While at Cooper Union, he was exposed to poets, anthropologists, surgeons, and all kinds of diverse people who either taught there or gave talks. That community taught him what is possible when you bring multiple minds together. That combination of growing up in Albany and the Cooper Union neighborhood gave him the idea of trying to find a way to broaden the diversity of voices in what we think is education and led him believing in community and difference of voice.

He wanted to expand the experiences understood as education by creating new structures and spaces for creative exchange across a wide range of disciplines such as Architecture, Visual Arts, Theater Arts, Film, Music, the Humanities, the Sciences and Social Sciences. As he developed into an internationally recognized artist, architect, writer and educator he knew that he eventually wanted to create a space that would bring all of this together, but not in New York City. He wanted to bring his dream to a place in upstate New York, a place he knew intimately and where his family owned a camp – Burden Lake.

David Gersten discussing art at Arts Letters and Numbers in 2019. Photo by Don Rittner.

In 2001 he acted on that dream. He created Arts Letters and Numbers (ALN), a vehicle in which to develop his dream into reality. David purchased a building at 1525 Burden Lake Road in Averill Park, NY, the lower mill of the former Faith Mills. It was boarded up, had no water, and needed a lot of renovation but he was determined to make it work. He put on a new roof, put in a well for water, and began giving workshops with the first drawing some 25 people. That was the beginning and for the next two years he kept inventing new summer workshops as they worked on bringing the mill up to code.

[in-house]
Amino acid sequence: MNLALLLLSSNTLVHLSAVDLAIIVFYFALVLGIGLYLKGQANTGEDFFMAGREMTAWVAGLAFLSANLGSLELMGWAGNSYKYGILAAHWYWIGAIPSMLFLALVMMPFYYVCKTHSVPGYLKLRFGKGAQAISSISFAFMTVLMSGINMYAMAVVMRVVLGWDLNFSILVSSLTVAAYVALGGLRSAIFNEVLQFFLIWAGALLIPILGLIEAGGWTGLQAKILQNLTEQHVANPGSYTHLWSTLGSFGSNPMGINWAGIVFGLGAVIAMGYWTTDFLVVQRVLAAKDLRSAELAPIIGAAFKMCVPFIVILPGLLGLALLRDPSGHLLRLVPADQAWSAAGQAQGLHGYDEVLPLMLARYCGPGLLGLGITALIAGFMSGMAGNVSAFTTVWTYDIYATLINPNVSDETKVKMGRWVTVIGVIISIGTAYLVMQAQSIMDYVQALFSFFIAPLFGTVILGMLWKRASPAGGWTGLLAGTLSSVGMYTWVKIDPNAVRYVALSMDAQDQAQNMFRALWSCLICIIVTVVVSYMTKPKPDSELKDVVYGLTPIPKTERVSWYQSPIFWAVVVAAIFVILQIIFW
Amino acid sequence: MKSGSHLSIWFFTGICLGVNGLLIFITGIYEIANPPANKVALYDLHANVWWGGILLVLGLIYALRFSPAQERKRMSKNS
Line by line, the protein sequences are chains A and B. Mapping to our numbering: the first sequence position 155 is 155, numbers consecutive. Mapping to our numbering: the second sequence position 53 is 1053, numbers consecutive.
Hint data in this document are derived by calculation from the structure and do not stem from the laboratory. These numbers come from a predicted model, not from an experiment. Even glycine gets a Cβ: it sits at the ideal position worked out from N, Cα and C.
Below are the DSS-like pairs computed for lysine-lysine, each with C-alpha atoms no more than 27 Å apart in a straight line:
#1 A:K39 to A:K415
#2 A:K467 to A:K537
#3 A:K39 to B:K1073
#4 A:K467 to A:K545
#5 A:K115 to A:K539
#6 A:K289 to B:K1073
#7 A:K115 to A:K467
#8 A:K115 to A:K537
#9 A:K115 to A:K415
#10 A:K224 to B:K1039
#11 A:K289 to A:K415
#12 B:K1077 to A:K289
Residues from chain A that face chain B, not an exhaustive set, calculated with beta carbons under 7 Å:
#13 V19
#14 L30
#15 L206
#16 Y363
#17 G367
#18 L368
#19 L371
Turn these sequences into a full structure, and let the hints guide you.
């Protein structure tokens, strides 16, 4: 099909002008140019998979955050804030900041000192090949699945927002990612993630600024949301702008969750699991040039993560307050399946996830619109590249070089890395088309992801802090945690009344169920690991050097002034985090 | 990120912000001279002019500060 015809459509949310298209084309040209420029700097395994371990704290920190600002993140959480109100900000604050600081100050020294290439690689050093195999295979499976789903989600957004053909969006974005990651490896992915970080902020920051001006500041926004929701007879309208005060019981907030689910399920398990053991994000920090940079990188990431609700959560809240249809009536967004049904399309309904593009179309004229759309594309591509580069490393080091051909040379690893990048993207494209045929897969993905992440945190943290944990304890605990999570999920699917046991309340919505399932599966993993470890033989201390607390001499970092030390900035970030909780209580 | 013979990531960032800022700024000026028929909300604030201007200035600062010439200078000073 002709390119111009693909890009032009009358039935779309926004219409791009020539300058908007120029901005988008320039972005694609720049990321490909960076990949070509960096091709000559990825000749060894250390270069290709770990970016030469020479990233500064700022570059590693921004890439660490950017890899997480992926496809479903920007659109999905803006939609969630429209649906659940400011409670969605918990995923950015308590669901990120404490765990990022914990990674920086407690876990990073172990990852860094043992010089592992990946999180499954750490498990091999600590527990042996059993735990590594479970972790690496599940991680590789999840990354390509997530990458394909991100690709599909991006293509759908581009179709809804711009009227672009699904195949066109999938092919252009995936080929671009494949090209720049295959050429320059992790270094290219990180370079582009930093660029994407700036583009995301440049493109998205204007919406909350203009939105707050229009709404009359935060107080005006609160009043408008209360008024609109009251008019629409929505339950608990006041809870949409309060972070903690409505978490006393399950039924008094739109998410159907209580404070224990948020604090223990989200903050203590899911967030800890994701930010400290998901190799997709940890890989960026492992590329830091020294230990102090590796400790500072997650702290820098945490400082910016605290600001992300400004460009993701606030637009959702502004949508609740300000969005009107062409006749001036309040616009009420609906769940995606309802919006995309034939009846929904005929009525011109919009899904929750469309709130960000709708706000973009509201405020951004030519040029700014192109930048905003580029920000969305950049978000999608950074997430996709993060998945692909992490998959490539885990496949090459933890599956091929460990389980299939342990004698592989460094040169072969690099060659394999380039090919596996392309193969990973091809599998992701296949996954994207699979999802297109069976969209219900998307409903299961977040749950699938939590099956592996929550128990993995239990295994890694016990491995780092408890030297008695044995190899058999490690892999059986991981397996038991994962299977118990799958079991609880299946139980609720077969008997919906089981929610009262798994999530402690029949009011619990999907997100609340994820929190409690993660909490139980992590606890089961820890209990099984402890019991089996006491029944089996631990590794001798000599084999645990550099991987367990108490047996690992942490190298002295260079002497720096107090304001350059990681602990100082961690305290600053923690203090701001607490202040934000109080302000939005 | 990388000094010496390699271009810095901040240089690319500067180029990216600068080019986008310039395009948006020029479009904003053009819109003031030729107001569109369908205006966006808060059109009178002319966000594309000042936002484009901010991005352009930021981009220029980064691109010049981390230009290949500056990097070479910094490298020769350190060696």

The lower Faith Mills building was the start of Arts Letters and Numbers.

In 2015 he acquired the 1859 Greek Revival house (former mill president’s home and later nursing home) up from the mill at 1543 Burden Lake Road and directly across from the upper Faith Mills building. This allowed ALN to open its doors as a year round operation. In 2013 he formalized the operation and founded Arts Letters and Numbers, Inc., as a New York based non-profit education organization. He also purchased the two former mill workers houses at 1554-1560 Burden Lake Road to increase the capacity of residents in the program. It has been five years of year round programming which has seen as many as 40 residents representing 23 countries.

In 2015 David acquired the 1859 Greek Revival house (former mill president’s home and later nursing home) up from the mill at 1543 Burden Lake Road so that year long activities could occur.

David’s goal of bringing different voices together has surpassed expectations and he has made it an aim to invite people who share his founding principles to become a fellow of the organization.  His personal philosophy of saying yes instead of no allows people to use their creativity to develop and implement their ideas.

After four years of renovating the lower mill it was clear that there were some code issues the Town required that needed to be addressed but were costly so he rented out the second floor of the upper Faith mill.

Present site of Arts Letters and Numbers on the second floor of the upper Faith Mills building on Burden Lake Road in Averill Park.

Recently ALN was awarded a NYSCA grant to support the long awaited renovation of the Mill. The grant in the amount of $145,000 is part of the New York State Regional Economic Development Council’s Mid-Size Capital Fund for 2019-2020.  The grant will support a crucial step allowing ALN to complete Phase One of the lower mill construction; transforming the first floor of the Mill into a place of Public Assembly. The plans include a full wood and metal shop, and a multi-use public space for theater, music, films, exhibitions and performances.